Issue #13: 10 Read, A Handcrafted Weekly Newsletter for Humans

Hello All,
Here are 10 reads I thought were worth sharing this week. The total time to read this newsletter is 130 minutes. This week newsletter has stories on Firebase, how to manage your engineering superheroes, service discover, habits to adopt in your life, how to do full text search with PostgreSQL, being a remote developer,  few more.
For every complex problem there is an answer that is clear, simple, and wrong — H. L. Mencken

  1. How we spent 30k USD in Firebase in less than 72 hours : 10 mins read. This is a story of a team that burnt 30k USD in Google’s cloud Firebase service because they didn’t know how to use basic tools to monitor their services. They updated their entire frontend stack and didn’t care to monitor network traffic.I think the bigger lesson of this story is that most of the developers are too lazy to put cognitive stress. We assume there is magic behind piles of abstractions we use. We never question them or try to understand what’s happening behind the scenes. So, during development every thing looks fine but when you go to production most teams suffer in diagnosing root cause issue. I think this you learn with time. It is important to have a senior developer who has worked under such situation to tackle these situations. Luckily for this team, they were able to pay the bill using the Google Cloud Grant else their startup would have hard time surviving.
  2. How to Spot and Magnify the Powers of Your Engineering Superheroes: 20 mins read. This is not a 20 min read but I spent time thinking about my work environment while reading it. The most important point for me in this post was that a technical person can better manage and lead a group of software developers. An Engineering Manager/Leader need to understand that different individuals have different characteristics. People get excited about different things and you have to treat them accordingly. I have seen worst of the managers and best of the managers. I personally have grown more under technical leaders. If I can’t trust you and see that you don’t understand my point of view how can you manage/ lead me. For this reason, I think senior technical professional have to start considering engineering manager role seriously. The next generation of software engineers need better managers.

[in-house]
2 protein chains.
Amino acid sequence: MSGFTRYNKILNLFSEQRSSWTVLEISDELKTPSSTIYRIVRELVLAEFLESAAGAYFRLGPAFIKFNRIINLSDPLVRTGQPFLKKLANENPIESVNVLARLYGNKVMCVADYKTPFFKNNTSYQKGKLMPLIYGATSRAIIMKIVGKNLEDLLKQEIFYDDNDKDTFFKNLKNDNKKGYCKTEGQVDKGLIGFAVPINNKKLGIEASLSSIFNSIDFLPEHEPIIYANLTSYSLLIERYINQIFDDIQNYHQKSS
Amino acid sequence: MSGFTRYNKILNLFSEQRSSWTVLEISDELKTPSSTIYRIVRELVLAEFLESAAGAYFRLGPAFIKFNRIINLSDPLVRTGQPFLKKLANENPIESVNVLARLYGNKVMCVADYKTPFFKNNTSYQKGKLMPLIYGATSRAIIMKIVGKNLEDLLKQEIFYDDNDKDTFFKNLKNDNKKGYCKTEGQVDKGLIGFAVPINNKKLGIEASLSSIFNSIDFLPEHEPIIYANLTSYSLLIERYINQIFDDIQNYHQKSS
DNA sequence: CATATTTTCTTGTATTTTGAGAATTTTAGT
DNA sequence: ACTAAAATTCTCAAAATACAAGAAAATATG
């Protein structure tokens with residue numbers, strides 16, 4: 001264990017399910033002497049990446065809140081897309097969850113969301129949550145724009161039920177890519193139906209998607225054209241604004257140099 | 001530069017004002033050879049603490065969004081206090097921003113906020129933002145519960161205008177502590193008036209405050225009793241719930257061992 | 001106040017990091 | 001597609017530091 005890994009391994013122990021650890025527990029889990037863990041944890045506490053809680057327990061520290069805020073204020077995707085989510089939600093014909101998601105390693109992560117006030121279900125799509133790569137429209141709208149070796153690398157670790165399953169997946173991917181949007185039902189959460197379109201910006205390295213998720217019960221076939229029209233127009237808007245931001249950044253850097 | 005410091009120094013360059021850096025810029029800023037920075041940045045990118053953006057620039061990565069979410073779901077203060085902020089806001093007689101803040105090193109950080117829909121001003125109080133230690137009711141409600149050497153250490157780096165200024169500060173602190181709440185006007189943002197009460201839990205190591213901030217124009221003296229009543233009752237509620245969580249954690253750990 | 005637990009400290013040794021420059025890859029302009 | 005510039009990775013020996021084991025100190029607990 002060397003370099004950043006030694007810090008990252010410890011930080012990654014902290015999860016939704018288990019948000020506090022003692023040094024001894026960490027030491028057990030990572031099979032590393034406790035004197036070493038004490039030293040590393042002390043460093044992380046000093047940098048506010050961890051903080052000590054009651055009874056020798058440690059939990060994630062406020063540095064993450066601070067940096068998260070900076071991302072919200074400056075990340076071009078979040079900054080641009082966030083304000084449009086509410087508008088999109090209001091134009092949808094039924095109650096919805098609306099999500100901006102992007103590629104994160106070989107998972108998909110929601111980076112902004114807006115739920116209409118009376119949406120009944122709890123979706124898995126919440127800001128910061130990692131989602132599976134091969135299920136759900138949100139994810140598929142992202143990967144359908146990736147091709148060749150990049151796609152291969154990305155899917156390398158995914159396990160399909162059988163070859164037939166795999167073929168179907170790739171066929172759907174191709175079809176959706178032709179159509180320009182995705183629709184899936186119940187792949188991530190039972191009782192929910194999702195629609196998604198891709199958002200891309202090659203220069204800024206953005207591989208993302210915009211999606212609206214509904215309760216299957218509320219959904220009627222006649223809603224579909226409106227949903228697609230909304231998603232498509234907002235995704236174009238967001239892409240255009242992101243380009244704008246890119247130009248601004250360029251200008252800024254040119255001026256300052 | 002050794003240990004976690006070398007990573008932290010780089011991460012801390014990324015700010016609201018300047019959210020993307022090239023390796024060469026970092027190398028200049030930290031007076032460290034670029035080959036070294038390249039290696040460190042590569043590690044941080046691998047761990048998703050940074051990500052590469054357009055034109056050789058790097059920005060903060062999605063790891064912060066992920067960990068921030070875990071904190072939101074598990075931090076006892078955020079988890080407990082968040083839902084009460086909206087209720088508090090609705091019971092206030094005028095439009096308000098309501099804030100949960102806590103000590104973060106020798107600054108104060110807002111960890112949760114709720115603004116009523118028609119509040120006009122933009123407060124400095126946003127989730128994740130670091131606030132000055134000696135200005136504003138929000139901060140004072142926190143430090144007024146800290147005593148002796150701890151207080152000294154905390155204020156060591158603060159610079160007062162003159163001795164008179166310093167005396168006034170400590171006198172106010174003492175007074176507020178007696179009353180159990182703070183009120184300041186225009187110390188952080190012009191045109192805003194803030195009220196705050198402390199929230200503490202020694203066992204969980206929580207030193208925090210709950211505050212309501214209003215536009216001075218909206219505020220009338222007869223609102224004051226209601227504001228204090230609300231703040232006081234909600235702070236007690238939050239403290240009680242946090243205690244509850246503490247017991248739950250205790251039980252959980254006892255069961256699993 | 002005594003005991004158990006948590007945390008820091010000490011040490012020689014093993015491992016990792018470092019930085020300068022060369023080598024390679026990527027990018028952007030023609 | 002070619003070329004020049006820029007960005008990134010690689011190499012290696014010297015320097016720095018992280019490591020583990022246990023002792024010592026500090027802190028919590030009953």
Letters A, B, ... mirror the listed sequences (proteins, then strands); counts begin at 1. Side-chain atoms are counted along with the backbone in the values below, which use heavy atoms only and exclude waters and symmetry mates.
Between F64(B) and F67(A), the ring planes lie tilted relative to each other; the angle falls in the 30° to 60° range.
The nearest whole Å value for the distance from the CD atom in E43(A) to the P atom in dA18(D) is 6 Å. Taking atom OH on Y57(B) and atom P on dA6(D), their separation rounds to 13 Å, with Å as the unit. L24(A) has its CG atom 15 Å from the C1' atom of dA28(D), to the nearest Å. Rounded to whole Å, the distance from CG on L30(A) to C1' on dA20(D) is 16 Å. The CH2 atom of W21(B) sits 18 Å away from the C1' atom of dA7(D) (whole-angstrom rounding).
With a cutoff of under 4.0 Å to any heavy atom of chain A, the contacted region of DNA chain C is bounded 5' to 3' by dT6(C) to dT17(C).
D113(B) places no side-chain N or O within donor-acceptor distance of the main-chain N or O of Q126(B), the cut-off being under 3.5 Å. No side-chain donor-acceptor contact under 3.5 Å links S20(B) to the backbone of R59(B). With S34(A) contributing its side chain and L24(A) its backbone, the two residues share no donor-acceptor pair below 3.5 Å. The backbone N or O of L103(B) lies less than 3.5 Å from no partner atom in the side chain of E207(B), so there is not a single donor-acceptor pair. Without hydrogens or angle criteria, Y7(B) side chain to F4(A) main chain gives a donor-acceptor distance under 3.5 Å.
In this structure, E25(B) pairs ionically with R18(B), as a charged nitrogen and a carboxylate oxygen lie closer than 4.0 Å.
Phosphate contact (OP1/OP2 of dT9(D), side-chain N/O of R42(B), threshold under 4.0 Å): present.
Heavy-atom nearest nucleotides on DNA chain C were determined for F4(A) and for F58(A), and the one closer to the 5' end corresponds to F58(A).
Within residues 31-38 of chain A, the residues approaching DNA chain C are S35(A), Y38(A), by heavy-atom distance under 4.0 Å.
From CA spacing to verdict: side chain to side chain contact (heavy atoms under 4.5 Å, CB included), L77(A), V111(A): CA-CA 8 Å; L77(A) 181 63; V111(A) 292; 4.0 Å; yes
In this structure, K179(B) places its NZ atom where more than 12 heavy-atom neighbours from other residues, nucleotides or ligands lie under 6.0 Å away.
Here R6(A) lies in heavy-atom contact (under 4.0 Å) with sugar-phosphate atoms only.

3. Keep a Changelog: 10 mins read. This post covers an important practice that most open source and commercial projects should employ. The practice of writing good Changelog. As mentioned in the post, a changeling is a file which contains a curated, chronological ordered list of notable changes for each version of a project. This post clearly defines how a changelog document should be created and maintained over time. Most of us have tried using git logs to use as changelog but  they don’t work out well. There are few open source changelog generators but I agree with the author that some things should be done manually. A changelog file should be handwritten.